The highlights of my first semester experience came crashing down the next with a student who plagiarized a paper for my course.  Although the student missed half of the class meetings and had previously turned in a problematic outline, the real trouble started when I began reading his submission, which started with a fiercely academic tone.  I later figured out that the paper was indeed academic, a mash-up of headline swipes and copy-and-paste jobs from law review articles.  In the end, I elected to fail the student, which derailed immediate graduation plans, bar exam, and a lined-up job.  All these will now have to wait until he makes up these units.

Having to fail a student is no easy task.  My syllabus gives a grading rubric that states “Plagiarism will be prosecuted fully,” bold italics from which I had to retreat after a quick lesson in faculty policy and the Honor Council.  When I met with the honor code investigator, I learned that I had discretion to deal with the issue by myself, including whether to pass or fail the student; further, I could submit the case to the Honor Council.  Getting the Council involved could lead to all sorts of devastating consequences like whether the student can graduate or even sit for the bar.  Although I elected not to subject him to the Council, the student still sought to appeal the failure.  He showed up at my office, crying, asking how to redeem himself, but I remained firm.  It seemed unjust to strip everything from the student, four years of law school, a 100K-plus debt load, and hours of study, for a first offense, but at the same time, it seemed equally unjust to allow him to pass, particularly to other students who researched and wrote their own papers.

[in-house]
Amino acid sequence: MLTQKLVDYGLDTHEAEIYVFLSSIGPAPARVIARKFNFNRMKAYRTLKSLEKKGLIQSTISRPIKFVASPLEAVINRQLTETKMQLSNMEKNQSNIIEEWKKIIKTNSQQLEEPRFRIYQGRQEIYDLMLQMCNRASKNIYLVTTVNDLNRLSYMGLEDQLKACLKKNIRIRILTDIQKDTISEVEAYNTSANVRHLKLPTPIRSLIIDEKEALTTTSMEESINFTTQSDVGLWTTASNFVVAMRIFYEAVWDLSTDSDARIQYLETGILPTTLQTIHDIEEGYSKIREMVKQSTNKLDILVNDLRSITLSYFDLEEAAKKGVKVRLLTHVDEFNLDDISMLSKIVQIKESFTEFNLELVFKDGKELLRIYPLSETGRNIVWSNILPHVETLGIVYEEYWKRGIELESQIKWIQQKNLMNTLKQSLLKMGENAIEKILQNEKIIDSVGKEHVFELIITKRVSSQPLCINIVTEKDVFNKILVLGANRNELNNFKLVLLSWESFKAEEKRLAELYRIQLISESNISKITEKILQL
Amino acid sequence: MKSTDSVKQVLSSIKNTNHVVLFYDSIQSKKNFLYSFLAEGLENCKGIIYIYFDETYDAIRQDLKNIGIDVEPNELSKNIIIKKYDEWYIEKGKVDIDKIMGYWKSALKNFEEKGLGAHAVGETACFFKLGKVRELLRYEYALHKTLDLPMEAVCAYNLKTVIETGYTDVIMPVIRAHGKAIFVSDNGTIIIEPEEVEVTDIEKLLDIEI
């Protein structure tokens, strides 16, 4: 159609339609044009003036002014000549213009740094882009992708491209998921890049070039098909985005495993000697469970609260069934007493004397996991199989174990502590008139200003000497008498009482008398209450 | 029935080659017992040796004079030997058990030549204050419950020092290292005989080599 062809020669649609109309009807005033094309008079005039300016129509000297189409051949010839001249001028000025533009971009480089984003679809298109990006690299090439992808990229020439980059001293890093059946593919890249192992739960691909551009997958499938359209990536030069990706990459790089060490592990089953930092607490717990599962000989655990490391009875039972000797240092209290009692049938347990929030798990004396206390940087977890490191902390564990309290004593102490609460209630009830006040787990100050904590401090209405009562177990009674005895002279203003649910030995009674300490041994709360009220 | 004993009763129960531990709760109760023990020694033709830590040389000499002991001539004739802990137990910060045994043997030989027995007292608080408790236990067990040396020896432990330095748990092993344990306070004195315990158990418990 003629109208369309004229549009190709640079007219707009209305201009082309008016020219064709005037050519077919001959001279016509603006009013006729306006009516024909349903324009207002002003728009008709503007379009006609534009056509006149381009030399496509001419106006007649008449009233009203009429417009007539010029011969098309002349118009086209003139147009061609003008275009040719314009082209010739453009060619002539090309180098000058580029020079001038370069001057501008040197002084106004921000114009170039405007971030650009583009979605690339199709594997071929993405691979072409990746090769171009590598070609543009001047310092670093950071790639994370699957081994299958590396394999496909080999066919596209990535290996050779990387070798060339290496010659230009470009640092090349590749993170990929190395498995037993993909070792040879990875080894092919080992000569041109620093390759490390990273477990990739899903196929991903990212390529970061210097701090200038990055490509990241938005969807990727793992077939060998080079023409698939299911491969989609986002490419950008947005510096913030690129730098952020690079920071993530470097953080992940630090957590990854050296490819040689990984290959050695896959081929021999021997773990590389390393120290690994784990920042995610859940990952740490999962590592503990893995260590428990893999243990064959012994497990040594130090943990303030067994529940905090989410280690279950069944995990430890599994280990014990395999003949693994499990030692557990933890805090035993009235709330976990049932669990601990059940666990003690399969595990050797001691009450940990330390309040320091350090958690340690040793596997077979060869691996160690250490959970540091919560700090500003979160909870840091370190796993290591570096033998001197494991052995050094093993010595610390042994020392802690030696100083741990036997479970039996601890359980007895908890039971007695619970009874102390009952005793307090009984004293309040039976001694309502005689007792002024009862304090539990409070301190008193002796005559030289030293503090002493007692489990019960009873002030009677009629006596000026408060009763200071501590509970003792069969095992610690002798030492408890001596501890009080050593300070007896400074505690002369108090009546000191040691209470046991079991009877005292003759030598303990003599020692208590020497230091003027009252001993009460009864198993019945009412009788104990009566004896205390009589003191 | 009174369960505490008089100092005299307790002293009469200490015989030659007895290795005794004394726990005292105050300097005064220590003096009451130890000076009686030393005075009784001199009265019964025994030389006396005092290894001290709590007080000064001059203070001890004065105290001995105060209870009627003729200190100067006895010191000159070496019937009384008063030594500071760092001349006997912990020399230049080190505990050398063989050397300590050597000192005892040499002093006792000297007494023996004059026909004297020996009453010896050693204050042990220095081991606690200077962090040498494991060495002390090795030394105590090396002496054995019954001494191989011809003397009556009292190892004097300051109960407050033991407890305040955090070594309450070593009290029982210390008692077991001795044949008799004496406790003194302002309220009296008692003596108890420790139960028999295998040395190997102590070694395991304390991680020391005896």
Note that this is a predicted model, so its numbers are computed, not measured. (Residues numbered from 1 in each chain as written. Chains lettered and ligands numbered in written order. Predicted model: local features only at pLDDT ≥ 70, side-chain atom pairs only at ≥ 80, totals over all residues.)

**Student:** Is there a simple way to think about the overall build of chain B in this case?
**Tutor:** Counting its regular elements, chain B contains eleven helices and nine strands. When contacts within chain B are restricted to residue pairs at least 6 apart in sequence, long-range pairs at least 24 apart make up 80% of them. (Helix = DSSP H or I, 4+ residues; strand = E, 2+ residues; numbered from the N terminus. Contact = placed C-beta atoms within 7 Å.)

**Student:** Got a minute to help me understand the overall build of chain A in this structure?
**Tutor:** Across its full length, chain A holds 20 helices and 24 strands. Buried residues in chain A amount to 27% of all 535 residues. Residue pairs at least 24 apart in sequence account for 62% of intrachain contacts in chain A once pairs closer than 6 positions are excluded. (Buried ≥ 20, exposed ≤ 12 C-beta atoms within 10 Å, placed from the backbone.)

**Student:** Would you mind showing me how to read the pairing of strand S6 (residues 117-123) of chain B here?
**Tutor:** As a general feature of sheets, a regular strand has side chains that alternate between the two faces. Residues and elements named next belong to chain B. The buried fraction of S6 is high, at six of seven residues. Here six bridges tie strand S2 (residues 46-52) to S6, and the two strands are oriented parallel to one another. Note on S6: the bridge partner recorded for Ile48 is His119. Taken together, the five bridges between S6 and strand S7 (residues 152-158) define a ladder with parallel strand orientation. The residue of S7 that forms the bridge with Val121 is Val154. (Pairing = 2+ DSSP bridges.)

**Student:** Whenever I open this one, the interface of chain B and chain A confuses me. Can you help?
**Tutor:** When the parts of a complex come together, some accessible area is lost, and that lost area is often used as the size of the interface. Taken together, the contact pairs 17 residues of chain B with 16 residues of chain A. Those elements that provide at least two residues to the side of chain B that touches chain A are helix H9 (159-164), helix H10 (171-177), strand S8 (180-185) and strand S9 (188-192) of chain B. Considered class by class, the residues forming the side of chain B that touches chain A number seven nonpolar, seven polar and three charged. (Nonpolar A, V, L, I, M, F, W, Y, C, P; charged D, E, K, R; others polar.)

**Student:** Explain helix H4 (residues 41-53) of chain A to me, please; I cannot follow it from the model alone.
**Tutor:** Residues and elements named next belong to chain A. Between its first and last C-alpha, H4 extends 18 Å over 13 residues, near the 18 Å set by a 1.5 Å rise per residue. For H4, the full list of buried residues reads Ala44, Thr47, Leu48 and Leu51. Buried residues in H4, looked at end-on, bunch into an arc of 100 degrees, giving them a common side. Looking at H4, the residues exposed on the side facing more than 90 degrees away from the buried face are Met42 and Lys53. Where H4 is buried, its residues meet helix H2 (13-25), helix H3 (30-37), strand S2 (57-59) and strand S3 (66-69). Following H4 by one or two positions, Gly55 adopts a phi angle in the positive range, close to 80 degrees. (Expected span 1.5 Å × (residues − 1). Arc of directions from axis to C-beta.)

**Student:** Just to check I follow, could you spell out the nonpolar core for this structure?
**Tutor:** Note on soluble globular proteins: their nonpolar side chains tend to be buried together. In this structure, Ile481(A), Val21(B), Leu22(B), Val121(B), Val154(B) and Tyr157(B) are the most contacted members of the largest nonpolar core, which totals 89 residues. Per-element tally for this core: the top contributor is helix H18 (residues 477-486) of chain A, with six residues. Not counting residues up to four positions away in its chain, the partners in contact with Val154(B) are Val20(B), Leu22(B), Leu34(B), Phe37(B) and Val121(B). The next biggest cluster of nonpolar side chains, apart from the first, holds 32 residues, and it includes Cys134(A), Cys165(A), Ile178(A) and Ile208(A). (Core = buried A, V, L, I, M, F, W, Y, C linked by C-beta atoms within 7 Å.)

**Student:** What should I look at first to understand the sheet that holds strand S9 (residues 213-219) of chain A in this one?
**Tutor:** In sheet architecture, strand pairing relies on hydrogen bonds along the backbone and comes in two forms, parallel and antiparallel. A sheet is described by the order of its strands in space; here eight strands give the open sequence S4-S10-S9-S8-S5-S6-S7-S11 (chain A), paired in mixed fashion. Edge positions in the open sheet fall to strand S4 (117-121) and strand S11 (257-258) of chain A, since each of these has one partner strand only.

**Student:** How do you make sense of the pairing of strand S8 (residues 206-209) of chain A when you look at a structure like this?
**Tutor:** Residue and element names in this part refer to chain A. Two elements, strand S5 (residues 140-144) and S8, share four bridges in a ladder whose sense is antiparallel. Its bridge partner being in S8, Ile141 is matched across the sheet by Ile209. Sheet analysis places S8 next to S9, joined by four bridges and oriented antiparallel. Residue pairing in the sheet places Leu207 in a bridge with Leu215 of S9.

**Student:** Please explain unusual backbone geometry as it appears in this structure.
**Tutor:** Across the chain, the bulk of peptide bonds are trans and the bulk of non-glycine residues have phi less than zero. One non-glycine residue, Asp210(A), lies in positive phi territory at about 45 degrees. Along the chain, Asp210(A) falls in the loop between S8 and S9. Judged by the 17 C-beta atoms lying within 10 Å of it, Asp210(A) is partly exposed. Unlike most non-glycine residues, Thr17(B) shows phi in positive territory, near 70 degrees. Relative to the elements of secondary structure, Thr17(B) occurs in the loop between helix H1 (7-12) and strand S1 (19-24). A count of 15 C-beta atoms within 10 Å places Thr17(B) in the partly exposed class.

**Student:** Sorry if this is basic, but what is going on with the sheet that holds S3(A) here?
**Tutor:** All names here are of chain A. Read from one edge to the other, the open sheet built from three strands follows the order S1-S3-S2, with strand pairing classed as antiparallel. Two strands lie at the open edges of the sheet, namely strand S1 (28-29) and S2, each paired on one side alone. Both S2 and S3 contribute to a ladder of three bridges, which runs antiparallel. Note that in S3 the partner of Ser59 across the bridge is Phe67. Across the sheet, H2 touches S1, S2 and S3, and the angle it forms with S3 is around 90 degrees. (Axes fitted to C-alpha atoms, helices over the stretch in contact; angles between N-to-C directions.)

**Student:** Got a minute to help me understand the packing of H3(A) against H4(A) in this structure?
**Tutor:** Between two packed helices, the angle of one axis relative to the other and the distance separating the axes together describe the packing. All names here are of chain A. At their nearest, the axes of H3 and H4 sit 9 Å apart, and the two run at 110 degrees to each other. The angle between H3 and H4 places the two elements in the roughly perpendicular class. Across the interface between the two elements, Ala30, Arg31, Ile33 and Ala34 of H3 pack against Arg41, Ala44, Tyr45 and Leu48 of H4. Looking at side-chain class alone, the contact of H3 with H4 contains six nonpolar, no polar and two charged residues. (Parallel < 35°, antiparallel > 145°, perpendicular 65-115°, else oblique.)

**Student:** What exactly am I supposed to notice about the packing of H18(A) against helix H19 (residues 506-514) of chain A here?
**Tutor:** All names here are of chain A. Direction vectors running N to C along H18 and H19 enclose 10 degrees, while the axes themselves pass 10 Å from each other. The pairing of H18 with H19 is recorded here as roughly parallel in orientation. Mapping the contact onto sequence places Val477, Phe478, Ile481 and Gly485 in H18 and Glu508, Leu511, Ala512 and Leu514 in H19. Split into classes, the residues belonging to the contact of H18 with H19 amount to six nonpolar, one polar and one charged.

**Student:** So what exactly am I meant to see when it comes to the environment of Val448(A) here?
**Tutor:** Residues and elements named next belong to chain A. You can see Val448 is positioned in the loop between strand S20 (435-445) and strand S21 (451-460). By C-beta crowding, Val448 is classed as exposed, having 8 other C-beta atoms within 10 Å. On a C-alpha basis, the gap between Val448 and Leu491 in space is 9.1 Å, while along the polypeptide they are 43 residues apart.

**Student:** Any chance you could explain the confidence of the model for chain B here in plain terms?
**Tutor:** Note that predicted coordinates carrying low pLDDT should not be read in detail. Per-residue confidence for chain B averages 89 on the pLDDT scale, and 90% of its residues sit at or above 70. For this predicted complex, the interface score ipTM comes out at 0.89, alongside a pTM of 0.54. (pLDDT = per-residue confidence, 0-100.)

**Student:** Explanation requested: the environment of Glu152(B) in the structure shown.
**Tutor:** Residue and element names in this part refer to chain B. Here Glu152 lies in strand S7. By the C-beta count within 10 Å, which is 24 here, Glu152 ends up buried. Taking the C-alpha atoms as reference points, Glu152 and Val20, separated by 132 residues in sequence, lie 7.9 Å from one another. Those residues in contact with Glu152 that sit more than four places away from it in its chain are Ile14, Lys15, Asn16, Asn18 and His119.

Although I had started the year as a rookie professor, before it was all done, I was forced to play judge and jury, deciding the fate of a transgressor and weighing the value of class attendance against a particular history.  My experience taught that justice in law school does not begin with a thick casebook, but with the class itself, the ecology of learning, classroom policies, and the methods of evaluating students.  Classroom justice can be involving students in determining how participation will work or whether 100% of a grade rides on a solitary exam; it is weariness of how logistical decisions can aggregate into a Pedagogy of the Oppressed, where students suffer from lack of agency and imbalances in power.

Whether the law school classroom can become more level largely depends on the aspirations of professors.  Many seem intent on creating a chasm between themselves and students, insisting on the title “professor” and “suiting up” on teaching days.  For some, doing so may be necessary to assert boundaries for the type of student who assumes a first-name basis or other privilege.  Such tactics may combat these and other student bias, but sometimes they express the raw will to power.  However, I learned that getting closer to students was effective, as demonstrated by the student whose absence I offered to excuse; rather than miss class she showed up, and moreover, voiced criticism of the “resistance” requirement in traditional rape law, an essential element that requires utmost physical resistance.  Making a woman fight back was unfair, she explained, fighting back tears of her own, since, not only was it based on male psychology, it also overlooked how resistance might provoke further violence, and in worst case scenarios, murder.

Although a justice-oriented pedagogy may be the antithesis of what some might expect in the law school setting, for me, the quest for classroom justice led to transcendent moments in teaching—instances where instructor must fight back tears too.  In these moments of triumph and failure, lives were changed for the better, testimony to which came later that day in an email from the student:

Thank you for your continued support, Professor.  It meant a lot to me.  I realized that I am just as biased towards the victim as people are biased against, and I tried very hard to remain fact-oriented.  I thought the classes were handled (on your part at least) very sensitively.  Thanks again.